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I like the Dominiques ... a dual-purpose breed. (I don't care what the "experts" of today say. ;))

But it is really up to you... You could try a number of different breeds and see which works out best for you.

The Java was famous for its meat-producing qualities. (of yester year) We did try a few one year but went back with the Doms... but that was just me.

So I would say get a mixed batch the first year and see which does best in your area. (and meets with your families taste.)

Best of luck. (let us know how it works out.)
 

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Discussion Starter · #5 ·
I tried the CC (Cornish crosses) and DID NOT like them !! Several of them died as hatchlings and a few more failed to mature, but did grow very fast. But with so many disappointments I have decided to go all heritage this year !!
 

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we have been using buff orpingtons for our DP birds
they forage well so it cost less to get them up to size so they can be processed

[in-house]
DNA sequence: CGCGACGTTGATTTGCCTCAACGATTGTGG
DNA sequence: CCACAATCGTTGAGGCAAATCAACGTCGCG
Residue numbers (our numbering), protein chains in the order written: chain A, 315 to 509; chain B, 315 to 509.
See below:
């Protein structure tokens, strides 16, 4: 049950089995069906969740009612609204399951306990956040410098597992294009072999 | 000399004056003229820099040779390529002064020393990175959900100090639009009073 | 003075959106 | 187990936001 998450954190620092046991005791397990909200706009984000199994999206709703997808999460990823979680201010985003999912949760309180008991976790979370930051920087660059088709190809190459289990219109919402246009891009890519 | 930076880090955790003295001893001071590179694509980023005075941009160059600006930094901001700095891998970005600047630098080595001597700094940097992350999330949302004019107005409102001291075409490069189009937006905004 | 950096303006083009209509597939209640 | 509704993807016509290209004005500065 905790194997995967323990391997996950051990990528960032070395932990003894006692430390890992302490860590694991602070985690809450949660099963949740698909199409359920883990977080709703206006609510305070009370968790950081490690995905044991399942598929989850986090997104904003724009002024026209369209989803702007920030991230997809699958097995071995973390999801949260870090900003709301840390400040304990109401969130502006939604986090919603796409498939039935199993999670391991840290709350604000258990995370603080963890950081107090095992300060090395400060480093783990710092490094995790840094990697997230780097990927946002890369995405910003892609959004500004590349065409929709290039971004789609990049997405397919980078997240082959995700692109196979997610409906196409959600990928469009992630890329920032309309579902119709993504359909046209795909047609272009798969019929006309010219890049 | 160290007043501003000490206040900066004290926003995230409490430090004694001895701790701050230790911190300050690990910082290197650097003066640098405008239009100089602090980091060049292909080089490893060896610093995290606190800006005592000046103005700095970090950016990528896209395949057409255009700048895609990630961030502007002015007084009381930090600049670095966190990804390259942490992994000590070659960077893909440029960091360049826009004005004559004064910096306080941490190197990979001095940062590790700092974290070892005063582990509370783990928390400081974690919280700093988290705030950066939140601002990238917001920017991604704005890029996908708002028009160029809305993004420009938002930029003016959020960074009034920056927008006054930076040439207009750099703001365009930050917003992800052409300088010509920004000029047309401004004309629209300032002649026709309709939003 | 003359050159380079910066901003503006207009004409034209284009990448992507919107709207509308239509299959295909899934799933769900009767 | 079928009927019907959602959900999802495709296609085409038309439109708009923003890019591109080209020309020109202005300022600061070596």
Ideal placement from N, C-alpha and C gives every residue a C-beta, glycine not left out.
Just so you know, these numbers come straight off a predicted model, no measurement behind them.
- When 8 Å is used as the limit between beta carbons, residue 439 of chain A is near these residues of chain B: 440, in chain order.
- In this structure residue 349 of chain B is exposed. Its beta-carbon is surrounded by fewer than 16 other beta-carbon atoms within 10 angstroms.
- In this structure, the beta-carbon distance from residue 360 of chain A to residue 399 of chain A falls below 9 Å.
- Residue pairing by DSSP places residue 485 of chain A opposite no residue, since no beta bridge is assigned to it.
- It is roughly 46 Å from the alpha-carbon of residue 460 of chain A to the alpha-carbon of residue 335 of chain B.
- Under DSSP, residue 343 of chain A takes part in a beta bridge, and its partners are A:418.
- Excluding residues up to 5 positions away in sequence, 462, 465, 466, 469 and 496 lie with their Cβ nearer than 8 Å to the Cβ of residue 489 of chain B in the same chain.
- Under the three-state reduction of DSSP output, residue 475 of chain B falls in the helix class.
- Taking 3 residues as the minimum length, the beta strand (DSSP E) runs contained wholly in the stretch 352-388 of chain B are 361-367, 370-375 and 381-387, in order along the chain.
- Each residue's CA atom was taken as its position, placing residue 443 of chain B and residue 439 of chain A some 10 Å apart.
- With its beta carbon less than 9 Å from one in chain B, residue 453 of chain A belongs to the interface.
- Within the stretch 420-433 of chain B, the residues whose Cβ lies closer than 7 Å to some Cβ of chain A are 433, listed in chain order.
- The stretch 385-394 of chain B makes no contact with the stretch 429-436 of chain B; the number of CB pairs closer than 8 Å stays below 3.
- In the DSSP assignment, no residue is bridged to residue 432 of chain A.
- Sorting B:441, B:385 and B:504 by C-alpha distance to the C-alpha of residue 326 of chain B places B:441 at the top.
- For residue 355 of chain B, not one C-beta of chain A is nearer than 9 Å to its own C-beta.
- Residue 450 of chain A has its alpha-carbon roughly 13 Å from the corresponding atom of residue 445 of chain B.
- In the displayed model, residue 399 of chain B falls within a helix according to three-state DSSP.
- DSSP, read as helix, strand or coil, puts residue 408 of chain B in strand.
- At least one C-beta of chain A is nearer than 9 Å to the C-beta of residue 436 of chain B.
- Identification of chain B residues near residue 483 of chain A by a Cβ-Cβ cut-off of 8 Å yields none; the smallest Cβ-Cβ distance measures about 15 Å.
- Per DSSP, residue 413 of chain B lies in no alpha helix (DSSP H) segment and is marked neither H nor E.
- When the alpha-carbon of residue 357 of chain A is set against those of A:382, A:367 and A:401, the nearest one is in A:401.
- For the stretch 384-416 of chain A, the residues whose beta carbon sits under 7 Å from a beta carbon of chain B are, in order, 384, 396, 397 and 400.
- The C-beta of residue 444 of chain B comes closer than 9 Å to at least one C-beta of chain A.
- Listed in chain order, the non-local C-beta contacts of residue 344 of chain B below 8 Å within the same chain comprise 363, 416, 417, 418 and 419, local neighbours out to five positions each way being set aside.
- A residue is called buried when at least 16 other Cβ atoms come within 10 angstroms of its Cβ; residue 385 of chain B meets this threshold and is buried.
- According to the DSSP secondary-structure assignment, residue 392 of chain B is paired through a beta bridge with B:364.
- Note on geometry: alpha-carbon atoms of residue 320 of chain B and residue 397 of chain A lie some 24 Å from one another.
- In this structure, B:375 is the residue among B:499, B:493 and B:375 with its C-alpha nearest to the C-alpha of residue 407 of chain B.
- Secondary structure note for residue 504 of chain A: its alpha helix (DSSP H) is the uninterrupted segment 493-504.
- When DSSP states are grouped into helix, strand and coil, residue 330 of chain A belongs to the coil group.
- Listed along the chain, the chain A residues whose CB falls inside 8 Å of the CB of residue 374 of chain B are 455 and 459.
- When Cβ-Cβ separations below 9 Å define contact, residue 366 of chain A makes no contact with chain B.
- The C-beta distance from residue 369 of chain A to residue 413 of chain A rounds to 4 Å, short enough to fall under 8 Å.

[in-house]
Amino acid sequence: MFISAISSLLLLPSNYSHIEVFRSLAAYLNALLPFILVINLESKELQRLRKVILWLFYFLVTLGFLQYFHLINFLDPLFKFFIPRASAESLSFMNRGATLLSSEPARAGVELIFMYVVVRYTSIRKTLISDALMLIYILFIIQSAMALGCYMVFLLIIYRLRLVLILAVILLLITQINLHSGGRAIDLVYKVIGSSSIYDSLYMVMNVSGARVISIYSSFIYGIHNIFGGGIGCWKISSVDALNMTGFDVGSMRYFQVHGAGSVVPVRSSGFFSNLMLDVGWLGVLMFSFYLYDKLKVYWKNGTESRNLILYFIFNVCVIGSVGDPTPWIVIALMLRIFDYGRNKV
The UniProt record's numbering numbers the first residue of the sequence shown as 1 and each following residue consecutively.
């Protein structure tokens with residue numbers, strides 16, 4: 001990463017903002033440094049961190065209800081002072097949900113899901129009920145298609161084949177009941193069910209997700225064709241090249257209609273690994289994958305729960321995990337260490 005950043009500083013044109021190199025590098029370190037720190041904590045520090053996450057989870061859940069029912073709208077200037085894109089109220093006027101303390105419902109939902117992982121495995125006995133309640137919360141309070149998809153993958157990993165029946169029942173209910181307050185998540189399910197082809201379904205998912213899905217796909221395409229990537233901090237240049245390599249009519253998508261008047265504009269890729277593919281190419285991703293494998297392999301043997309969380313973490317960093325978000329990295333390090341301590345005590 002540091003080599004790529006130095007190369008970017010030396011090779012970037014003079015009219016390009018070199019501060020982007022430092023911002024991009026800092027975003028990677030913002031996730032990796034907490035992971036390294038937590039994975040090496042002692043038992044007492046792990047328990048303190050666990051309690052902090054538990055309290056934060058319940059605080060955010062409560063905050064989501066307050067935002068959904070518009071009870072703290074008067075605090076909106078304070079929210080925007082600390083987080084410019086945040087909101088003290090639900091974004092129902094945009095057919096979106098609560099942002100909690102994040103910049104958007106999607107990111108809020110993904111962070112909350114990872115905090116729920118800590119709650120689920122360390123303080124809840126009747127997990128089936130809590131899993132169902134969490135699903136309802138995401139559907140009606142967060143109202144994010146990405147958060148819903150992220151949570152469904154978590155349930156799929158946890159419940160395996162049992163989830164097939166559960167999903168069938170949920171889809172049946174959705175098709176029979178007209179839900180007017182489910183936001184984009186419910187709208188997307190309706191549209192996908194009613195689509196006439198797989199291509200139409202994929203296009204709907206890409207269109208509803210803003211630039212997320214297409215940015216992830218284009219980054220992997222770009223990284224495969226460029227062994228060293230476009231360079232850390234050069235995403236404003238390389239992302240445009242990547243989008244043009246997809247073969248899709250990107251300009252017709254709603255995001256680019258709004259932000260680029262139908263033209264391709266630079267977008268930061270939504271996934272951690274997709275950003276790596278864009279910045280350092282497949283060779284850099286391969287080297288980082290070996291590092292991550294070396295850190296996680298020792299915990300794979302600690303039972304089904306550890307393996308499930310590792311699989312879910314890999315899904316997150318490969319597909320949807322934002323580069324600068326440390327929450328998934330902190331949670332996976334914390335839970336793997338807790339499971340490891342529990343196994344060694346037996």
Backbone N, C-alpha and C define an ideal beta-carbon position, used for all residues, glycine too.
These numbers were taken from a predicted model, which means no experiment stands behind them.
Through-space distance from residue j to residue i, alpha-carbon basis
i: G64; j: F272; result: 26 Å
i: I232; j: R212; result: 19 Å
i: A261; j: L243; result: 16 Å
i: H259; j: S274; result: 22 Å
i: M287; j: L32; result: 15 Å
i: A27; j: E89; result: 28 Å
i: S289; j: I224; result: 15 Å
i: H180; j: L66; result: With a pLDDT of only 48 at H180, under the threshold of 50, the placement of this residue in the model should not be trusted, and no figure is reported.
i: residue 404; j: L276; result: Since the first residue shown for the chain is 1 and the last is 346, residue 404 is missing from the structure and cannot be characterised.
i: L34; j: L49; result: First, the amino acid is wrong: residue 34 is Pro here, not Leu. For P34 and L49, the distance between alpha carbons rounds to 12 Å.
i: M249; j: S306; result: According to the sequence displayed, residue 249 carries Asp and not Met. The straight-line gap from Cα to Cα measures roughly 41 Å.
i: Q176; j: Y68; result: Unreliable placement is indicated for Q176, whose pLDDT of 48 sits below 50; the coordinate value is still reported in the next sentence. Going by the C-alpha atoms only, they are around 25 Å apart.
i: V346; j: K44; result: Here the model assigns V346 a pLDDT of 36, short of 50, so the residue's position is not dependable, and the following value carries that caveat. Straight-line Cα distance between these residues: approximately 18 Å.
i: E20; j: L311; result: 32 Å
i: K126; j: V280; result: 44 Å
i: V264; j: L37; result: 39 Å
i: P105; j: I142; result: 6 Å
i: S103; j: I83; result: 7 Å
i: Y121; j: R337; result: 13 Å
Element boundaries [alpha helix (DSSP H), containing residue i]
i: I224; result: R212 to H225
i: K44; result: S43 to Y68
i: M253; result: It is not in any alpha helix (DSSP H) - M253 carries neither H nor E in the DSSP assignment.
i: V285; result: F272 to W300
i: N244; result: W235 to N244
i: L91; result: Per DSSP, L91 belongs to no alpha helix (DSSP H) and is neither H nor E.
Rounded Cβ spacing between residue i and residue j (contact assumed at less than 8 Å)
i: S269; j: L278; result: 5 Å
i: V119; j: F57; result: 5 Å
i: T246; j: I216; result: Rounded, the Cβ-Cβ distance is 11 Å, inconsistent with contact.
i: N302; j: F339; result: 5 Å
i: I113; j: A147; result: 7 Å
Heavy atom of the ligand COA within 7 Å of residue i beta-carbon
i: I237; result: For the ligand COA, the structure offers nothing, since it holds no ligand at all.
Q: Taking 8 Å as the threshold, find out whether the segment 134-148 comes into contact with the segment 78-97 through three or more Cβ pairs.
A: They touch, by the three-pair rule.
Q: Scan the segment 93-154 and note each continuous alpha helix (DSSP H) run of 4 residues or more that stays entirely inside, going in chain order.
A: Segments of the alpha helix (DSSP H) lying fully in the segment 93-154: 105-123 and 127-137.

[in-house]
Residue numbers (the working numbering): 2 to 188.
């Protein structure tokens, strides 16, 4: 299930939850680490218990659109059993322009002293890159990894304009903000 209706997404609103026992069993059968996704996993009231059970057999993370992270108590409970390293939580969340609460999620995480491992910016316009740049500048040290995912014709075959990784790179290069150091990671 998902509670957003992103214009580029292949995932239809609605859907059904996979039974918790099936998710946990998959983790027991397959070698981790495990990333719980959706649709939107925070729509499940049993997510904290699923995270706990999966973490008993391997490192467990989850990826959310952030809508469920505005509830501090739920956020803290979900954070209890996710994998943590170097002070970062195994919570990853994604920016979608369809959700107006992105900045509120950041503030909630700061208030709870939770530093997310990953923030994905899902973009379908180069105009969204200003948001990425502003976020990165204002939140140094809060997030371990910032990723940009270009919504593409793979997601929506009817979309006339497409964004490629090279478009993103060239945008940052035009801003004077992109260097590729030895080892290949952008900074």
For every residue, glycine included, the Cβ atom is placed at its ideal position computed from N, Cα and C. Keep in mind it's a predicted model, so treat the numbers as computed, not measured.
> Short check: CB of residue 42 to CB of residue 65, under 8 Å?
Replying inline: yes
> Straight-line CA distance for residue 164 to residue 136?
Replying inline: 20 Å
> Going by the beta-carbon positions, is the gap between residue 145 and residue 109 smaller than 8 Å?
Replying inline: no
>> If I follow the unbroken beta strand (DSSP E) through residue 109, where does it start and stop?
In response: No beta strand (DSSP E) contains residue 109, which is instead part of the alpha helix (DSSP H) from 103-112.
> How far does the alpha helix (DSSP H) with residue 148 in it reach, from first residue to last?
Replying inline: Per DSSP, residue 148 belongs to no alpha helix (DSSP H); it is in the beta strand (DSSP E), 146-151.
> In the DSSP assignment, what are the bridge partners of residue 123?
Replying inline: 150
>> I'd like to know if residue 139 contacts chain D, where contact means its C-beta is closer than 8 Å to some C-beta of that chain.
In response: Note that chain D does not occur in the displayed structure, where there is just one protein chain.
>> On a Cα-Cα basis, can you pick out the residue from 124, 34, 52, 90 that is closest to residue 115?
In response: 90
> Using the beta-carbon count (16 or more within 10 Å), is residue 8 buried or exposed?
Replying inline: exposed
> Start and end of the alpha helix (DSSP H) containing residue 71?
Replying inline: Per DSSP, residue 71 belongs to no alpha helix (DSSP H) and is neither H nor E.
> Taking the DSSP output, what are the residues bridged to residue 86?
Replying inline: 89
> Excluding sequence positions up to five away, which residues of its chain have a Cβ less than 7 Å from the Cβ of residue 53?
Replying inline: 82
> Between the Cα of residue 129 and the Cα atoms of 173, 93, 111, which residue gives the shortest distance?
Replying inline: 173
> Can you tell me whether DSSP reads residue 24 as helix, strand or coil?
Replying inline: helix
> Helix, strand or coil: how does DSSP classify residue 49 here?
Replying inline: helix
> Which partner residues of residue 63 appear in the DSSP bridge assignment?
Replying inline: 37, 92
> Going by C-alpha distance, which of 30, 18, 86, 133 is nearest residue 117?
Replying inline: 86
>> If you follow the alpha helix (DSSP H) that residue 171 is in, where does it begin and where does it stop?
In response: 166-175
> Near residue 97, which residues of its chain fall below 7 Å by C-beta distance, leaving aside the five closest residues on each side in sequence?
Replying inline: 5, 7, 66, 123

as Apyl said barred rocks are good meat birds too
 

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Hey, want get some baby chicks come Jan. for meat , what's the best heritage meat chicken?
The best depends upon what your definition of "best?" Fast rate of growth? Best flavor? Best meat texture? Most meat?

Usually, in the USA, we mean fast rate of growth and lots of meat.

Some American Heritage breeds that are known for their meat qualities and good rate of growth are Delaware, New Hampshire and Buckeyes. All the American breeds are dual purpose, but these are more meat oriented.

Buckeyes can be harvested as early as 16 weeks (I do mine 16-20 weeks). The Delaware & some lines of NH can be harvested as early as 14 weeks old.

I breed Buckeyes for dual purpose and specifically, I select mine for rate of growth & size as they are my chicken for the dinner plate. Though be aware, that others' Buckeye lines are geared more for show qualities & with more emphasis on feather color. With my Buckeyes, I get a fast grower and a large amount of meat to boot.